Iowans May Be Able To See Three ‘Supermoons’ This Summer

Iowa City, Iowa — When the full moon rose over Iowa last Monday night, it was the first of what may end up being three “supermoons” in each of the next three months.

University of Iowa astronomy professor Casey DeRoo says “supermoon” isn’t a scientific term, as it comes more from astrology, but whatever the origin, it’ll be a sight to see.

The “supermoon” occurs when the moon is closer to the earth in its orbit, making our natural satellite look larger than normal.

Most of us will never be able to distinguish whether the moon is five-percent larger in appearance as we have no sense of scale, but still, optical illusions do come into play when gazing at the full moon.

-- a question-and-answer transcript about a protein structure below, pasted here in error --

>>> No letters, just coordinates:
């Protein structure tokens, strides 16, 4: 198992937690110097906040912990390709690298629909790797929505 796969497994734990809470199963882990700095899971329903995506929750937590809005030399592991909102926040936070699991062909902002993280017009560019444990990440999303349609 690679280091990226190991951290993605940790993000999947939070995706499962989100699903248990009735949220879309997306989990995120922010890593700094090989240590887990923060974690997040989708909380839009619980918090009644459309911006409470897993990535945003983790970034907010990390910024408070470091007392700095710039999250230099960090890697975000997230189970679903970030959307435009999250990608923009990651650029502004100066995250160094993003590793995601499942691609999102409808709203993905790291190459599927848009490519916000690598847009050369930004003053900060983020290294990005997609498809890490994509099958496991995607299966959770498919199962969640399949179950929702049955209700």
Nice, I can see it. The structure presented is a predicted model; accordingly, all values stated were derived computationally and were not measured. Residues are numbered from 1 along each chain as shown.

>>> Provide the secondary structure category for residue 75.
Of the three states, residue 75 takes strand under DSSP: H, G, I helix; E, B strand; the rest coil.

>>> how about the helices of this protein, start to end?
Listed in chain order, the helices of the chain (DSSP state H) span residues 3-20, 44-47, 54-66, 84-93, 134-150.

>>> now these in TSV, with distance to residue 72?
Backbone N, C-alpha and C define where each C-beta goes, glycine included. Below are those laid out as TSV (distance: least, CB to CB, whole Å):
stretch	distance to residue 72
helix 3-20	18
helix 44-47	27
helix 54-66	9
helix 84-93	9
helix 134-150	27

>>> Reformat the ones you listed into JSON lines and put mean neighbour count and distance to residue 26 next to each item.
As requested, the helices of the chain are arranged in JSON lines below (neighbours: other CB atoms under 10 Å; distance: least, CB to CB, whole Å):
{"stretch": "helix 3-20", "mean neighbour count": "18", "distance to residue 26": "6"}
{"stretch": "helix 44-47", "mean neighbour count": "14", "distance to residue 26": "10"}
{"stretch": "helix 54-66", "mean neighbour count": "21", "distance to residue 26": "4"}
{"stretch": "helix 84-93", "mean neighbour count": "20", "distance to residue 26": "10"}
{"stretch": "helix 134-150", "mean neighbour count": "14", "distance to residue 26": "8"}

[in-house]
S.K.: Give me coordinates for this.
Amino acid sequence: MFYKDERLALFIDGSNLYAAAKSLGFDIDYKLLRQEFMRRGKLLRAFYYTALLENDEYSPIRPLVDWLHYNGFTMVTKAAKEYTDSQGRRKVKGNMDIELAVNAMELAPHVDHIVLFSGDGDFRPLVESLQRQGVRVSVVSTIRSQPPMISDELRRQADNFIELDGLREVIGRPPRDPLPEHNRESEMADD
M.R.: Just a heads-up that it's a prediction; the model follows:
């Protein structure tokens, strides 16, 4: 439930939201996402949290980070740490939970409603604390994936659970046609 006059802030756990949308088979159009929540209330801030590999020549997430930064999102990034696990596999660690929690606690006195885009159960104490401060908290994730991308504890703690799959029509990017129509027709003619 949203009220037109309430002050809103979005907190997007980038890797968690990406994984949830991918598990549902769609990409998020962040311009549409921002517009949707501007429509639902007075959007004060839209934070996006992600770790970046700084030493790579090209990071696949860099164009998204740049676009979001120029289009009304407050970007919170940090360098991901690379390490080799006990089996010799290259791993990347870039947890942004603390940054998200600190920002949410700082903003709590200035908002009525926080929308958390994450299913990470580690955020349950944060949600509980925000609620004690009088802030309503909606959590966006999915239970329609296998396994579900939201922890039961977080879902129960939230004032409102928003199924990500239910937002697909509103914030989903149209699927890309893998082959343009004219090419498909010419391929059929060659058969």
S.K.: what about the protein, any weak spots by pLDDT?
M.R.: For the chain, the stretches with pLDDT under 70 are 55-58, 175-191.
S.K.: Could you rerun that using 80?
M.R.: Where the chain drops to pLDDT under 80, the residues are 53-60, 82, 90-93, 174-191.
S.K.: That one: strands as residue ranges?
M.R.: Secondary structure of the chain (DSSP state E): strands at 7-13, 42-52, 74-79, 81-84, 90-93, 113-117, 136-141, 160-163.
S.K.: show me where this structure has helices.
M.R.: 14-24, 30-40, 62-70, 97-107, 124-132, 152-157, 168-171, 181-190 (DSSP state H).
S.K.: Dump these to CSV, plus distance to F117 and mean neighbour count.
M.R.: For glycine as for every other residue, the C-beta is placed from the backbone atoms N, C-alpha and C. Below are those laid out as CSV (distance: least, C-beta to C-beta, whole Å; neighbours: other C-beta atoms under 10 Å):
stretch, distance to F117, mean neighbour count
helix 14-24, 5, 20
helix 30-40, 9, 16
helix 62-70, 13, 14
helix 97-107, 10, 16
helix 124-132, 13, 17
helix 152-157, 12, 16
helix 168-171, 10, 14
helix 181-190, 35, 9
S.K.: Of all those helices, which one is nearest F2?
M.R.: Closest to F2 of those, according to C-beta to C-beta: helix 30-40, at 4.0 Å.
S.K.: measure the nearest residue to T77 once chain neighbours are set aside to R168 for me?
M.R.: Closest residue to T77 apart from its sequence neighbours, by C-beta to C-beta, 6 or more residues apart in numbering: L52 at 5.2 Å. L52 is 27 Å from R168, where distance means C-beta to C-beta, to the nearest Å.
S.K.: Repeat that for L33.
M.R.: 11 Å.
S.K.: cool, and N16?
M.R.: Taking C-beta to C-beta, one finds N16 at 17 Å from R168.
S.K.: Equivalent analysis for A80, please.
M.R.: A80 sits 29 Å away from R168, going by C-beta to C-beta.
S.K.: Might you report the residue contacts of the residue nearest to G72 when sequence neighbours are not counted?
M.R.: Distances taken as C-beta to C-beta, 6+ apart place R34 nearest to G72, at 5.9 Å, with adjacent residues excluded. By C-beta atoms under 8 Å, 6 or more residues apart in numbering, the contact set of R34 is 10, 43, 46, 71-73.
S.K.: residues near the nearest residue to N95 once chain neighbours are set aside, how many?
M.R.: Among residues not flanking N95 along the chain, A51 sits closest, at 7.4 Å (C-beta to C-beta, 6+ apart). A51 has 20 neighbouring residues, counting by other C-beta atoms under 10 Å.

DeRoo teaches the UI’s general education course in astronomy for non-majors, and he says if you’d like to start moon gazing, you don’t need a fancy telescope.

According to the Old Farmer’s Almanac, this week’s full moon is also known as a Buck Moon, because the antlers of male deer are in full-growth mode. Other names for the full July moon include: the Feather Moulting Moon, the Salmon Moon, the Berry Moon, the Ripe Corn Moon, and the Thunder Moon.



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